Miami has nation's highest residential rent price spike at 38.6 percent annually in early 2022
Based on CoreLogic's latest Single-Family Rent Index, which analyzes single-family rent price changes nationally and across major metropolitan areas, U.S. Single-family rent prices started 2022 strong. Rental prices increased 12.6% year over year in January 2022 compared to 3.9% in January 2021.
All major metropolitan areas covered in the CoreLogic SFRI release experienced year-over-year increases, with Sun Belt cities once again registering the largest gains. The robust price growth was partially due to a continuing shortage of available rental properties. Also, the cost of purchasing a home rose by 19% on an annual basis in January, shutting out many would-be homebuyers and forcing them to keep renting. The year-over-year national rent price growth more than tripled the gain recorded in January 2021 and more than quadrupled the increase from January 2020.
"Single-family rent growth extended its record-breaking price growth streak to 10 consecutive months in January," said Molly Boesel, principal economist at CoreLogic. "Rents increased across the country, and the gains were highest in the Sun Belt, which also had strong population growth last year."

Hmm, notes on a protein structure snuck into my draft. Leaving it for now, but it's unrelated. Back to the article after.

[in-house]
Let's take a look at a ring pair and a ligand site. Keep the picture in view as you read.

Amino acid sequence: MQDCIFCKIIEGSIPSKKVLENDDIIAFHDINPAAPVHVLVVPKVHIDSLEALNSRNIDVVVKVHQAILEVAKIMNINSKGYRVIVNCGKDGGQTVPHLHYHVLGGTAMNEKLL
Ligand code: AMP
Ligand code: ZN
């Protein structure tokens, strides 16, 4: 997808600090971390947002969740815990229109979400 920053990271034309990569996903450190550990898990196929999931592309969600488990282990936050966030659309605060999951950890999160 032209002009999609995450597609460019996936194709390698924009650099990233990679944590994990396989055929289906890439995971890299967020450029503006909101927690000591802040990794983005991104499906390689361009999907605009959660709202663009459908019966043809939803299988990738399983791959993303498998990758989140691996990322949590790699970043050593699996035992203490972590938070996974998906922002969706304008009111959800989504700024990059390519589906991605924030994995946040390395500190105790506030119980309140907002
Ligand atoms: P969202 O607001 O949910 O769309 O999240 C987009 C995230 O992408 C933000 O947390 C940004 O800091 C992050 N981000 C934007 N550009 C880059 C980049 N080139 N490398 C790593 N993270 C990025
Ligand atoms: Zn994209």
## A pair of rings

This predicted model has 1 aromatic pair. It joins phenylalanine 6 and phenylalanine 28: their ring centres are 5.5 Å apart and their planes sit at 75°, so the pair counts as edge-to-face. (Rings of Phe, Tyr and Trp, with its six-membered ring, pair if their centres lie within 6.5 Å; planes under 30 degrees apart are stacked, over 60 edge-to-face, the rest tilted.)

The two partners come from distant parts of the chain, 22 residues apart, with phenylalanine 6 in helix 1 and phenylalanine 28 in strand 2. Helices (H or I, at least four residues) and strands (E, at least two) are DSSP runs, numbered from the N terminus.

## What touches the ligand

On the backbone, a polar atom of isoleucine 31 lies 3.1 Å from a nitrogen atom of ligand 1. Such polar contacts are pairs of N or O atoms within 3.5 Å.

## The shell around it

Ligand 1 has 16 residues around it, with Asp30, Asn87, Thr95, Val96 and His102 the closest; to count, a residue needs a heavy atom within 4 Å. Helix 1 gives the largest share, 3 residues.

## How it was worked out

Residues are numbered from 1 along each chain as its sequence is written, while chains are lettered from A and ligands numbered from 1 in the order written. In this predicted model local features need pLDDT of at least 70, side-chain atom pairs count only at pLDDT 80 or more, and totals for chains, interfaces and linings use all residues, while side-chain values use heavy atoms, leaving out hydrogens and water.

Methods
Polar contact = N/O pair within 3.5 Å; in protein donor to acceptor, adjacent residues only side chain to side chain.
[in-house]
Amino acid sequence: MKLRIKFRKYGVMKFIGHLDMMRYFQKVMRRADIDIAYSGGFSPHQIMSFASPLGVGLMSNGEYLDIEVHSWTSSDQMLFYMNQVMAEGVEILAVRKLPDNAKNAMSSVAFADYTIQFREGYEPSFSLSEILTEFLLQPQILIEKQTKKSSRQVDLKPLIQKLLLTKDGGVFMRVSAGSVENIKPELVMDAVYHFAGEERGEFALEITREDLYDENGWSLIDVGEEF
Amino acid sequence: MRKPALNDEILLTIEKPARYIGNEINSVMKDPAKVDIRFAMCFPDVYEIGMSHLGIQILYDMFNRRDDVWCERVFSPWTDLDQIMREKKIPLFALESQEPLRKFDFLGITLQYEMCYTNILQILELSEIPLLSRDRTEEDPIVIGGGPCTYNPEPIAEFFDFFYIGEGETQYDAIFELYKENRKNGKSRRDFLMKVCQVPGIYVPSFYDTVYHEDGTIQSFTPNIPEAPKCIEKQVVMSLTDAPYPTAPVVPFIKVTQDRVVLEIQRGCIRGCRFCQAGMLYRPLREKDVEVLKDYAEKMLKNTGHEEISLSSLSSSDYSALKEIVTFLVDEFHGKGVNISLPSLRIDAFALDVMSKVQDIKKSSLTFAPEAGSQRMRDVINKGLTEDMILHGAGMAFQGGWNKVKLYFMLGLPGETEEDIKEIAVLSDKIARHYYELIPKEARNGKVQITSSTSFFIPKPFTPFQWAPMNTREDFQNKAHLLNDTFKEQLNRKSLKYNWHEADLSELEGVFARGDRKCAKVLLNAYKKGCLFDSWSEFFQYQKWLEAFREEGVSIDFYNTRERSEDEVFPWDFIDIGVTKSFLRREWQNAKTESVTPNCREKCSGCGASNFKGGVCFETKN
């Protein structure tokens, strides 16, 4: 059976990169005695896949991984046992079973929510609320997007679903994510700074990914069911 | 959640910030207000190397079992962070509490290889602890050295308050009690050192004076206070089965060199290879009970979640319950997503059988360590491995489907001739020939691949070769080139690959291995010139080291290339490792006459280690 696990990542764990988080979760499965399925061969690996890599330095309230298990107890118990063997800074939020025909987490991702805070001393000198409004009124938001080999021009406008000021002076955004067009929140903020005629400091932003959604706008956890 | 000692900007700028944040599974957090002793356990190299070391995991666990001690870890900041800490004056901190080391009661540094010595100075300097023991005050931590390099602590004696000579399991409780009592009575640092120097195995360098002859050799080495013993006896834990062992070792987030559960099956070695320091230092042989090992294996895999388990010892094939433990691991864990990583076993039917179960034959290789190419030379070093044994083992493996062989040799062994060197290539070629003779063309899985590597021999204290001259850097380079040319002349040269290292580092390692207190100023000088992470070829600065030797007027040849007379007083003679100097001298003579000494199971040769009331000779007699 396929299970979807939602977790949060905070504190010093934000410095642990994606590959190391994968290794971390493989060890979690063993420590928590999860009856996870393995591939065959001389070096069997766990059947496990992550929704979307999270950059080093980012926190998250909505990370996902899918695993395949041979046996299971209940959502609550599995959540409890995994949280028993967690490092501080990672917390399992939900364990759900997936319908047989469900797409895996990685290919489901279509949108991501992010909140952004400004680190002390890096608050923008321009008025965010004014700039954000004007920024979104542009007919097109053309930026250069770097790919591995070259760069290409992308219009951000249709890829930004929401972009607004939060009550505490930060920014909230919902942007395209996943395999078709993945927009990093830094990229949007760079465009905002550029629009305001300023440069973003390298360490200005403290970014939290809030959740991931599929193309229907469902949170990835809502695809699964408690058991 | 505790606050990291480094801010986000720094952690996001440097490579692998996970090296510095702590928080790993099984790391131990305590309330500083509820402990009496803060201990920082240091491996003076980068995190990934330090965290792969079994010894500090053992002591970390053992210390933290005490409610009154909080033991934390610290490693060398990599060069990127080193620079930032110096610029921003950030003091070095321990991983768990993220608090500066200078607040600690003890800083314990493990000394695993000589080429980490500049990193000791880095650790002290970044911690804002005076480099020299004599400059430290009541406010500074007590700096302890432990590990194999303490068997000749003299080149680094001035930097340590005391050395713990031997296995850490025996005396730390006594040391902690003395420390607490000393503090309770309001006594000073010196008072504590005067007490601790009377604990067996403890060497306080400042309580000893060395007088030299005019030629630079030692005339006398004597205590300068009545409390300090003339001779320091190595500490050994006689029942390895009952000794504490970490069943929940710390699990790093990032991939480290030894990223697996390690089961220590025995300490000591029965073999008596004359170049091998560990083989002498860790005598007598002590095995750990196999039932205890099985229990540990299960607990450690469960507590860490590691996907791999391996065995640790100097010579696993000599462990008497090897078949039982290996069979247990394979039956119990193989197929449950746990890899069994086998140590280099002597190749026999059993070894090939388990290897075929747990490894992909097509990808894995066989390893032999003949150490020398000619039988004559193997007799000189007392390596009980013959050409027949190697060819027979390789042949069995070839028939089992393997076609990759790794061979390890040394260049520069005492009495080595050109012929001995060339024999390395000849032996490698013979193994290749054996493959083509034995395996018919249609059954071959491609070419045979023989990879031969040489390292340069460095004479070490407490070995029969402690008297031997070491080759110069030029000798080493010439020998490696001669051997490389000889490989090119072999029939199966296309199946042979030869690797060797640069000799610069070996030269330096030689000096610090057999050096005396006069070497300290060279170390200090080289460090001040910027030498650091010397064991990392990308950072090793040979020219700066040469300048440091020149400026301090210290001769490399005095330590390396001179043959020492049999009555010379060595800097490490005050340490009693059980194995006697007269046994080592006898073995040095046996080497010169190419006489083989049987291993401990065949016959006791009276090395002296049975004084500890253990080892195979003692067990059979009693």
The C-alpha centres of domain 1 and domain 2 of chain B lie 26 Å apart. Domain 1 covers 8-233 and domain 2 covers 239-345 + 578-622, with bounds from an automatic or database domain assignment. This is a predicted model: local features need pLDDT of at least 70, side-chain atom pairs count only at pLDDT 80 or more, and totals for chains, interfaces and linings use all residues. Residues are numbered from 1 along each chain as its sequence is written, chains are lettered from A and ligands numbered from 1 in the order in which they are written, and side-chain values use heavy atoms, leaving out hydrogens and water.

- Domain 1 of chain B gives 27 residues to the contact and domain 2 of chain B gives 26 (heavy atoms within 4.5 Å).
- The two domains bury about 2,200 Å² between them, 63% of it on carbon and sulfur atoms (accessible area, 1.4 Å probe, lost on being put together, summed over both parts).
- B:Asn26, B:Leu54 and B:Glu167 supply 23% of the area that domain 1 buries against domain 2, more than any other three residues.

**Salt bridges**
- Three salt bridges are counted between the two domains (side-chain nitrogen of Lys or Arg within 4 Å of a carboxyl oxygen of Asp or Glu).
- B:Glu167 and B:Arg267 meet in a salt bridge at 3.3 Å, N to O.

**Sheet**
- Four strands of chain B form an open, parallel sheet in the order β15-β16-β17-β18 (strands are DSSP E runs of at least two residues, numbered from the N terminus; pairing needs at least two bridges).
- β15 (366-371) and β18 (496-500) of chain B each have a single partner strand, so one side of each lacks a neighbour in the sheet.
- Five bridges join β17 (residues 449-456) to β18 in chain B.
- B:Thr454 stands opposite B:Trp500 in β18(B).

To gain a detailed view of single-family rental prices, CoreLogic examines four tiers of rental prices. National single-family rent growth across the four tiers, and the year-over-year changes, were as follows:
Among the 20 metro areas reported, Miami again had the highest year-over-year increase in single-family rents in January 2022 at 38.6%, another significant bump from its January 2021 growth rate of 2.2%. Orlando and Phoenix logged the second- and third-highest gains at 19.9% and 18.9% respectively, reflecting population gains seen in warmer areas of the country. Meanwhile, the Washington, D.C. area recorded the lowest annual rent price growth, at 5.6% in January.
Differences in rent growth by property type emerged after the pandemic, as renters sought out standalone properties in lower-density areas. This trend drove an acceleration in rent growth for detached rentals in 2021 while the gains for attached rentals was more moderate. However, as rental inventory remains slim, the gap between attached and detached rental growth started to close last fall. In January of 2022, attached rental property prices grew by 12.2% year over year, compared to the 12.4% increase recorded for detached homes. This is the closest that attached and detached growth rates have been since March 2020.